Very often, I have an opportunity to learn from the educators and assistants who surround me. Yesterday was one of those events, where the education assistant was firm and thorough, reinforcing the need for student continuity and consistency.

Halfway through the day, I heard her say something that troubled me. “I’m not here for you to like me. I’m here to teach you something.” Be certain that I didn’t respond visibly; there was clearly no information needed from me and I behaved accordingly.

The first thought to occur to me was how students would receive this information. Does she not want us to like her? If we listen to what she’s saying, should we stop liking her? Is it a choice? Are we not supposed to like authority figures?

Under no circumstances am I overestimating the thinking patterns of our children. In this case, they were kindergarteners. But I do believe that we need to be intentional and judicious about the words we use.

My gut feeling is that asking children to process a choice between liking the assistant and obeying her is not a viable one. From my position as the educator in the classroom, this lady had a pretty short fuse. She became impatient with a number of students and raised her voice quite often.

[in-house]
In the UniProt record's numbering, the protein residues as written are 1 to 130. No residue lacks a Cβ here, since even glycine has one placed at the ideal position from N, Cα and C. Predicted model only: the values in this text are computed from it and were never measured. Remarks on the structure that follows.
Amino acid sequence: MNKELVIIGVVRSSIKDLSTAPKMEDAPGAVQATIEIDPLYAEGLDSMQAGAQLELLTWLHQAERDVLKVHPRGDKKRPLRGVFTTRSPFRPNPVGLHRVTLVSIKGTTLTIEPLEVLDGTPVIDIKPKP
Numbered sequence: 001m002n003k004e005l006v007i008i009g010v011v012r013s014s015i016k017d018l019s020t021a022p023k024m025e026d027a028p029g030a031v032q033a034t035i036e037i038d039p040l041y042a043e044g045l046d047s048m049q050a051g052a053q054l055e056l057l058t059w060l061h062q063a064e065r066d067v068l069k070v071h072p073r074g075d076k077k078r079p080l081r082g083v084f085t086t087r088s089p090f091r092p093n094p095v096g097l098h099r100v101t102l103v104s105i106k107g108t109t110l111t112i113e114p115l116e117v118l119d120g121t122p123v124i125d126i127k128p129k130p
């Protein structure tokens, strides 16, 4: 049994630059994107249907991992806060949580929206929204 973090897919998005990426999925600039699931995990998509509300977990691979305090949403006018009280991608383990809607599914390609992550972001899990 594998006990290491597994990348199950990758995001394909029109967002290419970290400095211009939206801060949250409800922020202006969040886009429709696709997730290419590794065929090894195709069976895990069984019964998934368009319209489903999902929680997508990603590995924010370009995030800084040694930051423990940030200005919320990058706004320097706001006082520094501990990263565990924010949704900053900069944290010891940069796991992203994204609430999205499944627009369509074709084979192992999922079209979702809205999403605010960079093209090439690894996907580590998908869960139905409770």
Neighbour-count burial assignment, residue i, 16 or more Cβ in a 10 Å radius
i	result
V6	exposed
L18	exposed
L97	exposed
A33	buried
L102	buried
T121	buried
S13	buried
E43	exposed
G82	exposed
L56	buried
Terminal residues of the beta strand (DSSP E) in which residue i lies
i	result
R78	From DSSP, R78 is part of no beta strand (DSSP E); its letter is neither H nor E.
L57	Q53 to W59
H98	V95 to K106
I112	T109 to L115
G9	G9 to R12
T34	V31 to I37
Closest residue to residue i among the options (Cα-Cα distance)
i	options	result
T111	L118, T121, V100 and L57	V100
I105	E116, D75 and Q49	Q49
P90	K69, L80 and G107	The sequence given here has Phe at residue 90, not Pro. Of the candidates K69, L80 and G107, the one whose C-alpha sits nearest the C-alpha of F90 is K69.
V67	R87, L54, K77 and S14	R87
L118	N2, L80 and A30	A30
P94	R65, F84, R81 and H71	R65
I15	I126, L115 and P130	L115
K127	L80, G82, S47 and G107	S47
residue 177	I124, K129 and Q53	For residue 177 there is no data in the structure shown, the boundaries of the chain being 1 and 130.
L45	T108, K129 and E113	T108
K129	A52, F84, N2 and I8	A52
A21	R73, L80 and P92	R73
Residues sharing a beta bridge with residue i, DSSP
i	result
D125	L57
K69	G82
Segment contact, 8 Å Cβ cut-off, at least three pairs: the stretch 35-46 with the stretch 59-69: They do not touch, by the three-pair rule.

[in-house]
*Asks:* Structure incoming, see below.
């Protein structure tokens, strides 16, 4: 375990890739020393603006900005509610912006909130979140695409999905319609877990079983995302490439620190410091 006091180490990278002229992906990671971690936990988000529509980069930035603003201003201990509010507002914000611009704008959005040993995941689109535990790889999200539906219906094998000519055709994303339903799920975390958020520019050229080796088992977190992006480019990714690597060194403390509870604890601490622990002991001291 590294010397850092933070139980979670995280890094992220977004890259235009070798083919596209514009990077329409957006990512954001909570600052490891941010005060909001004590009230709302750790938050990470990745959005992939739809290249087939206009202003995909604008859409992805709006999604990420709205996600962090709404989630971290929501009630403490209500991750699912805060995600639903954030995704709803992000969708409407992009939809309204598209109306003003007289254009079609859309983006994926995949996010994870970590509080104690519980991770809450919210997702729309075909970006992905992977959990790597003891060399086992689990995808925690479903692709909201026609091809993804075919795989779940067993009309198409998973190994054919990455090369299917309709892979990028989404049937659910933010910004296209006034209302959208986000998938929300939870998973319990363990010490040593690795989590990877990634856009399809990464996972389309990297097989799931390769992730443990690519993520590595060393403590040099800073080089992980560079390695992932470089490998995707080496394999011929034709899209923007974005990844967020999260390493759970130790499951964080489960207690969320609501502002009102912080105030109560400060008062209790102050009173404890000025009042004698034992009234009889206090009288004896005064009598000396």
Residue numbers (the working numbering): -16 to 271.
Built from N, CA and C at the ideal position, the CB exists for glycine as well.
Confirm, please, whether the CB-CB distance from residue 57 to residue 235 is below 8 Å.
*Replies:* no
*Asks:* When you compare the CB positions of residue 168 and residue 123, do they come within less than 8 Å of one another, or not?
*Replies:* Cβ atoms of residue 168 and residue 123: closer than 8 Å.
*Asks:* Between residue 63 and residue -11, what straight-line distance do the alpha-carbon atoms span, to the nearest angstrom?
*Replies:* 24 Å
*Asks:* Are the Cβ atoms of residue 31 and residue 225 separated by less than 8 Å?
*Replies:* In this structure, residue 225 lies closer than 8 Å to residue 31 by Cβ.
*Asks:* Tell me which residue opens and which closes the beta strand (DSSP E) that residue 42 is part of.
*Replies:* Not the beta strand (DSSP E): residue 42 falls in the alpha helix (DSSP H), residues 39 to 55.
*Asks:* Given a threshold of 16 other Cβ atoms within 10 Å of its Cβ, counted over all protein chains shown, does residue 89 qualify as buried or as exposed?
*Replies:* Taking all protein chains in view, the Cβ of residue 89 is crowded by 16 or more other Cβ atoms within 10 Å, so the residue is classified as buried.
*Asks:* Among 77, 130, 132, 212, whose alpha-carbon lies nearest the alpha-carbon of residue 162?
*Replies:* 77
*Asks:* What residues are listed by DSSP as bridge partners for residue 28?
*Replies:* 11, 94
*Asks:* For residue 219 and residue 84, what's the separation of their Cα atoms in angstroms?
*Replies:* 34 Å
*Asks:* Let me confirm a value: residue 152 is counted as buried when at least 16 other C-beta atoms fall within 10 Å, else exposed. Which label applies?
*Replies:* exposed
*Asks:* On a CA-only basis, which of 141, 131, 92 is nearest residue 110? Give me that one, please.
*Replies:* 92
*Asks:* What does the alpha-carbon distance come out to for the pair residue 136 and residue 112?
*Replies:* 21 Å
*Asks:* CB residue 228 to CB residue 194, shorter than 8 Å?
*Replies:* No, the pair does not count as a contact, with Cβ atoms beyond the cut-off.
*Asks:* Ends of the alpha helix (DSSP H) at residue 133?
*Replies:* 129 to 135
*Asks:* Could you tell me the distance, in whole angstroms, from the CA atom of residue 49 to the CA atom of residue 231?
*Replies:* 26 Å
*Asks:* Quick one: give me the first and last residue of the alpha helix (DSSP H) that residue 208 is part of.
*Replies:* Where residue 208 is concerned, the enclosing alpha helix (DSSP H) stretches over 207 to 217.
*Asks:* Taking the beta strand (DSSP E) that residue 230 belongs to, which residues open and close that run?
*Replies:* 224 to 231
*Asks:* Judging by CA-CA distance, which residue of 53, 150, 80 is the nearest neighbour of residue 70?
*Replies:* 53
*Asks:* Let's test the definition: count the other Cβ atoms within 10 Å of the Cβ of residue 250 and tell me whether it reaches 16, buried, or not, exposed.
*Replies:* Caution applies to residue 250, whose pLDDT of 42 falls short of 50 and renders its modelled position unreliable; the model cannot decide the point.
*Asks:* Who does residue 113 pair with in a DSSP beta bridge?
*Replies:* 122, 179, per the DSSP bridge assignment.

Yes, I know that I’m not in this class day after day and I don’t see the behavior patterns. I also don’t know what’s going on in this lady’s life. Some of these students must be pushing her buttons every day and the behavior is both unacceptable and consistently annoying. Maybe she’s feeling as though she has the majority of responsibility for these children and is simply tired. There are many facts that I just don’t know.

What I do know is that I would never say what she did to my students. Although sometimes kids don’t like the directions that I give, I don’t want them to view disliking me as an alternative to following those directions. Maybe it’s just the teaching taste fairy. All I know for certain is that being intentional is a much better alternative than saying words that aren’t productive or constructive. Shalom.

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